Porsha Olayiwola is a poetic force. A writer, performer, educator, and curator, she is Boston’s current Poet Laureate.
“Black, poet, queer-dyke, hip-hop feminist, goddess, womanist, futurist…” are among the words she has used to describe herself. Olayiwola is also known as a mentor within her community, a trailblazer and an inspiration to fellow poets and audiences alike.
“Hopefully, by me seeing me, other people see themselves,” said Olayiwola, whose poems often explore her own personal and cultural identity in intimate detail.
Although she originally hails from Chicago, she currently lives in Dorchester. Upon her arrival to Boston in 2010, she was drawn into the rich political and cultural history that lives here. As Olayiwola’s body of work has grown, she has imprinted herself on the landscape of the city she now calls home.
Her first book, “i shimmer sometimes, too,” delighted both critics and fans following its release in 2019. Her writing has been published widely by TriQuarterly Magazine, The Boston Globe, wildness, and the Museum of Fine Arts Boston.
Olayiwola is the 2014 Individual World and 2015 National Poetry Slam Champion, Brown University’s 2019 Heimark Artist-in-Residence, and a 2020 Laureate Fellow with the Academy of American Poets.
Olayiwola was the founder and lead organizer of the debut Roxbury Poetry Festival, which took place at the Blair Lot in Nubian Square on June 5, 2021. The event combined virtual workshops with a live poetry slam and concluded with a rap concert featuring femme artists from the area.
The slam winners, local poets Miya Coleman and Usman Hameedi, received a book deal from Button Poetry, who helped sponsor the event. Olayiwola hopes to keep up the festival to give more opportunities to rising poets and show love to the neighborhood where she spent years living and working.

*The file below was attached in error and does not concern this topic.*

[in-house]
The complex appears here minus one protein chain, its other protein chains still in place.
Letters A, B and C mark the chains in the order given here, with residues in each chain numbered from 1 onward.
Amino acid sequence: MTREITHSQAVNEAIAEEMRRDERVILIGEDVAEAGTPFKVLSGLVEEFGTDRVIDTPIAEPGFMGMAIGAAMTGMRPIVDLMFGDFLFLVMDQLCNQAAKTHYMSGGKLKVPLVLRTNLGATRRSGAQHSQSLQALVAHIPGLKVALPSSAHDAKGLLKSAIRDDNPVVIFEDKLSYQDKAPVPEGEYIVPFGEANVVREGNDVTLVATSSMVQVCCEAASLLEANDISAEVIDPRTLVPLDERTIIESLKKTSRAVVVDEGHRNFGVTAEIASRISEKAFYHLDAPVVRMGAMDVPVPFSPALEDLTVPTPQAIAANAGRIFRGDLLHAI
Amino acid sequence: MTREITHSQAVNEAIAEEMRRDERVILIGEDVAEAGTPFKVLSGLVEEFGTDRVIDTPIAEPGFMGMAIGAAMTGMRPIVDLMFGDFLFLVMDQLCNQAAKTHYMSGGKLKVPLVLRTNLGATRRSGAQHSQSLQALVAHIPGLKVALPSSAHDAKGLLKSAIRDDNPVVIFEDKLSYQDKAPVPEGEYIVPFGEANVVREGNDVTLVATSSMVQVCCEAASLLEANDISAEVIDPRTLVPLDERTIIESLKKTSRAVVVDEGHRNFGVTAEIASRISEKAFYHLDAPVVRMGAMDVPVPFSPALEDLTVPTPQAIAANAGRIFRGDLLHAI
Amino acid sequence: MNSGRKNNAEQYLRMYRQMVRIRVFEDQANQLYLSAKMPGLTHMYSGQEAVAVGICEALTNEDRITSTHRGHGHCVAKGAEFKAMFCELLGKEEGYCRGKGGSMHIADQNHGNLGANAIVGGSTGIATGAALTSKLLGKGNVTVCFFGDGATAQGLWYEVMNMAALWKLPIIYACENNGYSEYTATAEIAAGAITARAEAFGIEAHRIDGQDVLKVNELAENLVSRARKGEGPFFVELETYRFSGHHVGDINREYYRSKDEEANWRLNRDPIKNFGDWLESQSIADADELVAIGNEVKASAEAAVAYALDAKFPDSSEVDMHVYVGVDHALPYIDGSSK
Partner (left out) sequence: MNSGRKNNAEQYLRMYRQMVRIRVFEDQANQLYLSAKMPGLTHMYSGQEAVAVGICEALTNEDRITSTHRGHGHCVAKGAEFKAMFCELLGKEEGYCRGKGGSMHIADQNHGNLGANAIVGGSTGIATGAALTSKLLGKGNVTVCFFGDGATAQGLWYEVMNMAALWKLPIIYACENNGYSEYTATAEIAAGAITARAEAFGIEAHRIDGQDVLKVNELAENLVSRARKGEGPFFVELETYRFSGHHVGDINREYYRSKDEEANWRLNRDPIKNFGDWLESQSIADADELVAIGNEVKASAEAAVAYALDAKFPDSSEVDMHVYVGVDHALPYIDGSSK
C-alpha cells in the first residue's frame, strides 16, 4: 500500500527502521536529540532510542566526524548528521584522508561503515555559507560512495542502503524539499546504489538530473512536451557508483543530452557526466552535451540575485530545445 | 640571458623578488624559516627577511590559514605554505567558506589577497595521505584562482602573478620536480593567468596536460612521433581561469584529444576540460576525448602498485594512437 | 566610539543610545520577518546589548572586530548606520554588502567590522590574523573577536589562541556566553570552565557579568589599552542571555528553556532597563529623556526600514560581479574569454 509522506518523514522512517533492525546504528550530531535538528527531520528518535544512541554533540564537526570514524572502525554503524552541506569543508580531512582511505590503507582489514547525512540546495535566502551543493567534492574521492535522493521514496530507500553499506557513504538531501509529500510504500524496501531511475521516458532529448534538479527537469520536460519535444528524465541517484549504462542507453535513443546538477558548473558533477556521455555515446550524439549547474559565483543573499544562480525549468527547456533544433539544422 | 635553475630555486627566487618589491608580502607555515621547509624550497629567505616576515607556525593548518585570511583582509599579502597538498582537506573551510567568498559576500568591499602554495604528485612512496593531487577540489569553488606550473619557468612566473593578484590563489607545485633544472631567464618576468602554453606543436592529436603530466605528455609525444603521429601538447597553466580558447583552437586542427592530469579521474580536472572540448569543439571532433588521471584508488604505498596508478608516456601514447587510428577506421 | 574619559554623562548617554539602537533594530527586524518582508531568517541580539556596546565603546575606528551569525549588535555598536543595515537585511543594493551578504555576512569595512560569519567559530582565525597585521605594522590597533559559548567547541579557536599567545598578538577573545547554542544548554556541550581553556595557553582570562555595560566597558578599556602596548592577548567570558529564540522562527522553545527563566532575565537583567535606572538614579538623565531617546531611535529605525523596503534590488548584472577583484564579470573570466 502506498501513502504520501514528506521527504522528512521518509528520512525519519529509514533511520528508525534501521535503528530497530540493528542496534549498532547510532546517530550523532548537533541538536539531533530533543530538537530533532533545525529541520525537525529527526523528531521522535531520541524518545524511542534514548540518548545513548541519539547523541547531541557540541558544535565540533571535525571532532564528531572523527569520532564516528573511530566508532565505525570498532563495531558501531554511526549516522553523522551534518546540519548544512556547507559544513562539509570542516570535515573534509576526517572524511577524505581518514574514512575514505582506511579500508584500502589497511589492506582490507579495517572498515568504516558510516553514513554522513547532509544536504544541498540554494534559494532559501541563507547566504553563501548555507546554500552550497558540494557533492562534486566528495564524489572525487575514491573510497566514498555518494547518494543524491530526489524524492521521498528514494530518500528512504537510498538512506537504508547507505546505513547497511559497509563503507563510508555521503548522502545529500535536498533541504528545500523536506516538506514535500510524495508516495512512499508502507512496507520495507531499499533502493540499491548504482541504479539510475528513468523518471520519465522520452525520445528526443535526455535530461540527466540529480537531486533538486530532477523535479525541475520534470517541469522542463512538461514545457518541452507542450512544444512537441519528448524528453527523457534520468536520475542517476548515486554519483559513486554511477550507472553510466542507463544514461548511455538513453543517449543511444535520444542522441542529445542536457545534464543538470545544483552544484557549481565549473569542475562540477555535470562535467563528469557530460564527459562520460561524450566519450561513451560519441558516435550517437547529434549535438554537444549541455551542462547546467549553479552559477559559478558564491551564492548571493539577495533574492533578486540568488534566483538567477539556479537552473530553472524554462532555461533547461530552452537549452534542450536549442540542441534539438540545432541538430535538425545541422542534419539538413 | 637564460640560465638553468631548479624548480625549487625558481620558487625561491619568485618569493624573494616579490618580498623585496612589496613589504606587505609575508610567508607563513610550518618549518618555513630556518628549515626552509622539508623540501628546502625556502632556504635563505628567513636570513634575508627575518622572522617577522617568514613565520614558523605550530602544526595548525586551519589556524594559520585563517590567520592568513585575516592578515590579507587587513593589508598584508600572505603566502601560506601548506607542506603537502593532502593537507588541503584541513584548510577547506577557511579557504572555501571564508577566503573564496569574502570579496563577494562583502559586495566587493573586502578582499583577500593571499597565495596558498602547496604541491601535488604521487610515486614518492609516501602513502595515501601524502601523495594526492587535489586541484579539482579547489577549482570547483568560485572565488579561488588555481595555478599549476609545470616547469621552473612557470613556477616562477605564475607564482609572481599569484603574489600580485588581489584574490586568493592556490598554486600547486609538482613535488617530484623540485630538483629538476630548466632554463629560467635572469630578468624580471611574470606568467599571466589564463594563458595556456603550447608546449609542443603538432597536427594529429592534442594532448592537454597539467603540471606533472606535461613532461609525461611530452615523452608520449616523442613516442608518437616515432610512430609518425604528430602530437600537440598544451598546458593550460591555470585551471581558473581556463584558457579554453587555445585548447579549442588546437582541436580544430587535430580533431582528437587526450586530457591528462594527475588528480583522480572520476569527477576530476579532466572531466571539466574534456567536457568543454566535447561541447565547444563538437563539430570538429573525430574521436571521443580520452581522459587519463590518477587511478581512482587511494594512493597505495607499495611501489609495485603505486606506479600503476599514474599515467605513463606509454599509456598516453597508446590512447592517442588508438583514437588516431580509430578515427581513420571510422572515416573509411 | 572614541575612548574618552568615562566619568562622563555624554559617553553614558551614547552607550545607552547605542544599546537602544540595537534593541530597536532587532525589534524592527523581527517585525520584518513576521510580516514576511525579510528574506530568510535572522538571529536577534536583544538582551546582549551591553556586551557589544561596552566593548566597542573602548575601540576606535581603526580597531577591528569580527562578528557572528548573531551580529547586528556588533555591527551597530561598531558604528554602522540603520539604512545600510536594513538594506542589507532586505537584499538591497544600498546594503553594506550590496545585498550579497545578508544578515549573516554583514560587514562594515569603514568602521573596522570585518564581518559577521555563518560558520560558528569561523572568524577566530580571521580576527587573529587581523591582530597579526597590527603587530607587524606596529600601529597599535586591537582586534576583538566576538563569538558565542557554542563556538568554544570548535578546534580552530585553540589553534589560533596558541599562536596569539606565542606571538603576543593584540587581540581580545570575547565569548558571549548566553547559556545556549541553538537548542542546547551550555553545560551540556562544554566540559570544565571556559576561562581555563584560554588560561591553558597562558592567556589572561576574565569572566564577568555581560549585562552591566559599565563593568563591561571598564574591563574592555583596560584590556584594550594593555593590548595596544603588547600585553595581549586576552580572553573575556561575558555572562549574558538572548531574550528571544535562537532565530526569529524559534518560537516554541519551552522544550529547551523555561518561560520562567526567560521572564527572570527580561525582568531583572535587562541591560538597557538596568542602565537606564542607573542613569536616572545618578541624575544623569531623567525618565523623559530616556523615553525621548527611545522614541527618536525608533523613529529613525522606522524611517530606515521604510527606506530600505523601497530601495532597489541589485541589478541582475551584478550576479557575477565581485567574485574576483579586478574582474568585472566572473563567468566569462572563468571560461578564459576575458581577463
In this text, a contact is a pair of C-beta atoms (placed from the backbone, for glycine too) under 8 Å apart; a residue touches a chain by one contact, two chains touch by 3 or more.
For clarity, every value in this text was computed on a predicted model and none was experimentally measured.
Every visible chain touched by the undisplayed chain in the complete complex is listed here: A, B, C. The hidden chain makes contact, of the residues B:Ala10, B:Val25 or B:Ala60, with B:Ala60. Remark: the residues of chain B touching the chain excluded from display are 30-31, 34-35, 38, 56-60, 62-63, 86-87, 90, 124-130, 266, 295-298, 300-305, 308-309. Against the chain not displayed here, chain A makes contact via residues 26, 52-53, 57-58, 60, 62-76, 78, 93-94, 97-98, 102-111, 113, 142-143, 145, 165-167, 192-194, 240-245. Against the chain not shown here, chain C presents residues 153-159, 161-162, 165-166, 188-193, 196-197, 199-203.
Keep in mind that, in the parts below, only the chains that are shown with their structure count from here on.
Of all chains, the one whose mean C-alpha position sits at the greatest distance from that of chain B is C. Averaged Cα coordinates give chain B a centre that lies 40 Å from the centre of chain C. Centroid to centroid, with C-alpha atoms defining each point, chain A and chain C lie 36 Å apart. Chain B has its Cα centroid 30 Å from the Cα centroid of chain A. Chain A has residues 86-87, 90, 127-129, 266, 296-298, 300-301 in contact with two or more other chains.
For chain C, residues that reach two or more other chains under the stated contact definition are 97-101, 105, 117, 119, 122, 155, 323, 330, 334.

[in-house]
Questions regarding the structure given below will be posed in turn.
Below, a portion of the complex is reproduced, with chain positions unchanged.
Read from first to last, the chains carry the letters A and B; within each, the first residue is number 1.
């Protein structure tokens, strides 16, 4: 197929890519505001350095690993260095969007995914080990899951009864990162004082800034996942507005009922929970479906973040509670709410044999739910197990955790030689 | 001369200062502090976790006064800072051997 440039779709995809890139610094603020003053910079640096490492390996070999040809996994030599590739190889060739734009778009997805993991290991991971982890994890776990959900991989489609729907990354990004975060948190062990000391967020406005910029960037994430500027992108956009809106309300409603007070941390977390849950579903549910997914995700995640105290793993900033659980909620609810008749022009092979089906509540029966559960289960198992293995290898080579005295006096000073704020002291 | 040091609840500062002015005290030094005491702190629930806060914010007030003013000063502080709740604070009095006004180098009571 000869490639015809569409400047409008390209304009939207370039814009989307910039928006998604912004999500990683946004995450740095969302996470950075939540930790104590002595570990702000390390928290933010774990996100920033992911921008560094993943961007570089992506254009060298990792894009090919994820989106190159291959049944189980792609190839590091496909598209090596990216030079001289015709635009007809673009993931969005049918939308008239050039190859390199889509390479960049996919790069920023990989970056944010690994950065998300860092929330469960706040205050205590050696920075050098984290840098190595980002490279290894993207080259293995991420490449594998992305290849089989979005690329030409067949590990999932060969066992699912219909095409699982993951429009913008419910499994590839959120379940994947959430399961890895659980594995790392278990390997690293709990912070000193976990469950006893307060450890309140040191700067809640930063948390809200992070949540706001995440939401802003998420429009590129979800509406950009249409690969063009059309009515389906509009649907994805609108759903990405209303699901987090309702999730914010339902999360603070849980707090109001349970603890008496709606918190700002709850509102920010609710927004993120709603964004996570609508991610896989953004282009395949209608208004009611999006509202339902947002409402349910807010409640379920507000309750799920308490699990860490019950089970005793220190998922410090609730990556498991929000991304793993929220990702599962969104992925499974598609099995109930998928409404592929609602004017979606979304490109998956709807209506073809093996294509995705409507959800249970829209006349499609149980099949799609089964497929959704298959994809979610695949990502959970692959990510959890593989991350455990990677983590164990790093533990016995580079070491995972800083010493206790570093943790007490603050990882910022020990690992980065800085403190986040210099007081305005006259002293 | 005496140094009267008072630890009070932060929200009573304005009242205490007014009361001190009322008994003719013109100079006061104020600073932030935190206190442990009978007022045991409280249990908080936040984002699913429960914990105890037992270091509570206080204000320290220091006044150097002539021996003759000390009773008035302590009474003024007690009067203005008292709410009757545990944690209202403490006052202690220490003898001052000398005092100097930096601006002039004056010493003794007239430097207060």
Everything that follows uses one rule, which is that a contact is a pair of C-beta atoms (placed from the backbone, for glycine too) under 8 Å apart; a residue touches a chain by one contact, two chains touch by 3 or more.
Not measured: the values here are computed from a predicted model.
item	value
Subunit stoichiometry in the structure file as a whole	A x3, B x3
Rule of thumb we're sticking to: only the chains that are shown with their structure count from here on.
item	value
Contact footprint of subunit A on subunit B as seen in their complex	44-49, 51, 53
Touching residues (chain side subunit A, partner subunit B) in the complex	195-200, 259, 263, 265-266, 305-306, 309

The Scope spoke with Olayiwola to discuss how she brings herself to her poetry and other work. The conversation has been edited for length and clarity.
What was it about Boston that made you decide to stay, and what do you love about the city?
I think overall, the landscape. I mean the infrastructure, the parks and the ocean, and the people in the way in which the neighborhoods are separated — something about these things feels very cozy. And it feels manageable and livable, walkable, even. It’s just a city where people get to know each other. And if they don’t, then they already secretly know each other.
How do you hope to impact Boston in your role as Poet Laureate?
There’s obviously the definition of the role, which is civic engagement and incorporating poetry into the everyday life of citizens. But I think for me, what I’m always trying to do is provide resources for writers and poets, whether that is mentorship or workshop or spaces or readings or access to certain writers or thinkers … figuring out ways to give the people what I want … thinking about the things that I needed or wanted as I was becoming my own writer and figuring out ways to do it for free, hopefully.
[I want to] blur the line, or delete the line, between performance poetry and page poetry. As a person with lineage and foundational roots in performance poetry, it always feels like there’s such a huge gap between page poetry, published poetry and performance poetry. And the reality is, [there’s] not. I’ve been trying to do some work or thinking about how to close that gap.
How do you explore your identity and self in your writing?
Often the question I’m asking myself is: why? Like, why are you writing this?
So I think for me, the part of the poem is figuring out the reason. And I think that, for me, is the life or the jolt of something beyond the poem.
I think that part lies in discovery. I have an idea for a poem. And my process consists of thinking about the idea for a very long time, and maybe thinking looks like researching things or watching a documentary, etc. And then I write the poem. But by the end of the poem, I’m learning something new or different about myself or something different than what I thought the poem would be. And I think maybe that the avenue of inserting myself is when I reach that discovery.
What are you currently writing, and what are you drawing from for inspiration?